I have a tremendous amount of respect for Santorum who is a pro-life, like-minded fellow Catholic so was easily able to say, “Certainly!”

Now if you would have known me before the election, you would have rightfully expected my response to the pre-recorded message to be one of enthusiastic passion as I pulled out my checkbook and contemplated what I could give and yet still feed my family. However, my heart rate remained steady as I listened to Rick’s zealous message about “now more than ever….”

When it was over the gal came back on the line and continued with her script, “As you can see, it is very important that we stop the …”

I politely let her finish reading from her script which then ended with a request for my help. At that point I responded in the most natural way possible. I didn’t even think about what I was about to say. It just came out so matter-of-factly that it even caught me by surprise, “I’m sorry but I believe our time is better spent right now preparing for Christ’s return.”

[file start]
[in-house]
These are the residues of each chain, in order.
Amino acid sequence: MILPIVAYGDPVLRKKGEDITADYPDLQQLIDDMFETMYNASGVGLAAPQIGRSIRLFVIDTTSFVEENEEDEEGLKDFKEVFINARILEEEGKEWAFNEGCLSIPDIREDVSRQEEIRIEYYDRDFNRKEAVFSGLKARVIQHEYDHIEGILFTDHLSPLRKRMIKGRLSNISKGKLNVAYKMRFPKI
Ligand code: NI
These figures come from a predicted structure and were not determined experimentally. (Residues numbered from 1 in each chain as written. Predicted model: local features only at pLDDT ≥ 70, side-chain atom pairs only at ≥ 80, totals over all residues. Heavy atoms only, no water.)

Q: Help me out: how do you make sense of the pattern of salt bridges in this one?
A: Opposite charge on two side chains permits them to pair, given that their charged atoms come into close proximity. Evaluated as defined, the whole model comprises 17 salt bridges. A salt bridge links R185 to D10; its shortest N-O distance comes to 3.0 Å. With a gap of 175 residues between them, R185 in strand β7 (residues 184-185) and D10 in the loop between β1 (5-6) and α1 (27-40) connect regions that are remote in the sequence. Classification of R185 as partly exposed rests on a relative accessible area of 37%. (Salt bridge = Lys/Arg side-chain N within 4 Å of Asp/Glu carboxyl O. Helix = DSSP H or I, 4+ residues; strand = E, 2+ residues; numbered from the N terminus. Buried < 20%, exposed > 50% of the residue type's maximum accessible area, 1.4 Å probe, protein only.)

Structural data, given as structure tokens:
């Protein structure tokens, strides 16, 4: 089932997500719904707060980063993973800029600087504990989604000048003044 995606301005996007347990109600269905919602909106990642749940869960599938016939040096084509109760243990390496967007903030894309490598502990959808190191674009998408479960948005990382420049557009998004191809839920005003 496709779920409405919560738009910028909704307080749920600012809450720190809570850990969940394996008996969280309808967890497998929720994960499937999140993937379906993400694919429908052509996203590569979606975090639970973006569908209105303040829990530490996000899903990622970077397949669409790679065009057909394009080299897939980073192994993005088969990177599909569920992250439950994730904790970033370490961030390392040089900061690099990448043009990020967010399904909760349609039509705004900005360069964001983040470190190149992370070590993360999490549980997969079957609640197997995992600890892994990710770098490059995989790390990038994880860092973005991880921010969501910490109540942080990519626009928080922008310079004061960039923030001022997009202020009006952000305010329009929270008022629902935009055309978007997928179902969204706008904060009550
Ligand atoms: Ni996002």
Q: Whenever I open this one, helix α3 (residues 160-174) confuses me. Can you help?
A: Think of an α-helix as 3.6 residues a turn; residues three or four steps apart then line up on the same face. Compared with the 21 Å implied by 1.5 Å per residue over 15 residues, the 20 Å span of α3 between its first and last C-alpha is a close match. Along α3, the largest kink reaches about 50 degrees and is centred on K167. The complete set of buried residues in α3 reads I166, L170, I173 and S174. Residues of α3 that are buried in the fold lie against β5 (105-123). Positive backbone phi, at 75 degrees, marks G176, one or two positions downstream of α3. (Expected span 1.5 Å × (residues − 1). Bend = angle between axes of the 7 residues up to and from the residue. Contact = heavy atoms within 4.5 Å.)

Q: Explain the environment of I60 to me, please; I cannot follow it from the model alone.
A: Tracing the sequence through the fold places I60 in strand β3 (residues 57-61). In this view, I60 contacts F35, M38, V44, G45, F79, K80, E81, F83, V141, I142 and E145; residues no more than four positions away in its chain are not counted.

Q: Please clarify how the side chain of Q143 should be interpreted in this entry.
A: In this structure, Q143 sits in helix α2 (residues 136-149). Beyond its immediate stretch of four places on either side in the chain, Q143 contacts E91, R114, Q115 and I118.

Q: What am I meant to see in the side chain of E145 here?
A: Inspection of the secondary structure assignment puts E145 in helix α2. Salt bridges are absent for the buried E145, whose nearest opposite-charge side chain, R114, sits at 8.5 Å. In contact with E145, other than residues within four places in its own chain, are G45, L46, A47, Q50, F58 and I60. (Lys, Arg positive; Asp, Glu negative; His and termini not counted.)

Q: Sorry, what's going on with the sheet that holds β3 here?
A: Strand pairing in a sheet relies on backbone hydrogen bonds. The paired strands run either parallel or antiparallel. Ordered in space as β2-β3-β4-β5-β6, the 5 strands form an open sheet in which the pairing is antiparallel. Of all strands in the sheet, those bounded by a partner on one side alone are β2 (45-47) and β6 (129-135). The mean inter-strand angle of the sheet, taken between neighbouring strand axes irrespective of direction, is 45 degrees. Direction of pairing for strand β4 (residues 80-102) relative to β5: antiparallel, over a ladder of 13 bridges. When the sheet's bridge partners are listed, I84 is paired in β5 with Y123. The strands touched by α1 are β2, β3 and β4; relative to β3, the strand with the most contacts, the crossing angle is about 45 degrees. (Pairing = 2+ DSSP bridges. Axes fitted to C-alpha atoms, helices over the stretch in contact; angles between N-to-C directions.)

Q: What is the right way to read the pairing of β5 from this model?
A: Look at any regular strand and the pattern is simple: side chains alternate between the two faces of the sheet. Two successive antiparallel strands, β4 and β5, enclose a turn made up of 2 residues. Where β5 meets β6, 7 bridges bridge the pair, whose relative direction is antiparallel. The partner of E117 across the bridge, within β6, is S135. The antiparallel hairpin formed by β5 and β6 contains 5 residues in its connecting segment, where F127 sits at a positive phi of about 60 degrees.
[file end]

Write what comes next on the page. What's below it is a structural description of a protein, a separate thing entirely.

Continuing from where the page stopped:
There was dead silence at the other end.

I admit I felt like a right-wing lunatic—those stereotypical ones that are made fun of in the media and in Hollywood. I actually felt bad for this young woman as I’m sure she frantically tried to find that particular response in her script so that she would know how to proceed. I didn’t want to be rude and hang up so I waited.

After a full minute of silence (during which I imagined her keying in some sort of comment by my name on her list) she finally said, “Ok. Thank you.”

To which I could only reply, with a heart full of compassion for the predicament in which I had unintentionally put her, “You are welcome.”

I hung up having a whole new respect for Chicken Little. Poor guy.

Cheryl Dickow
(graphic © Muhammad Hatza Prabowo Aji |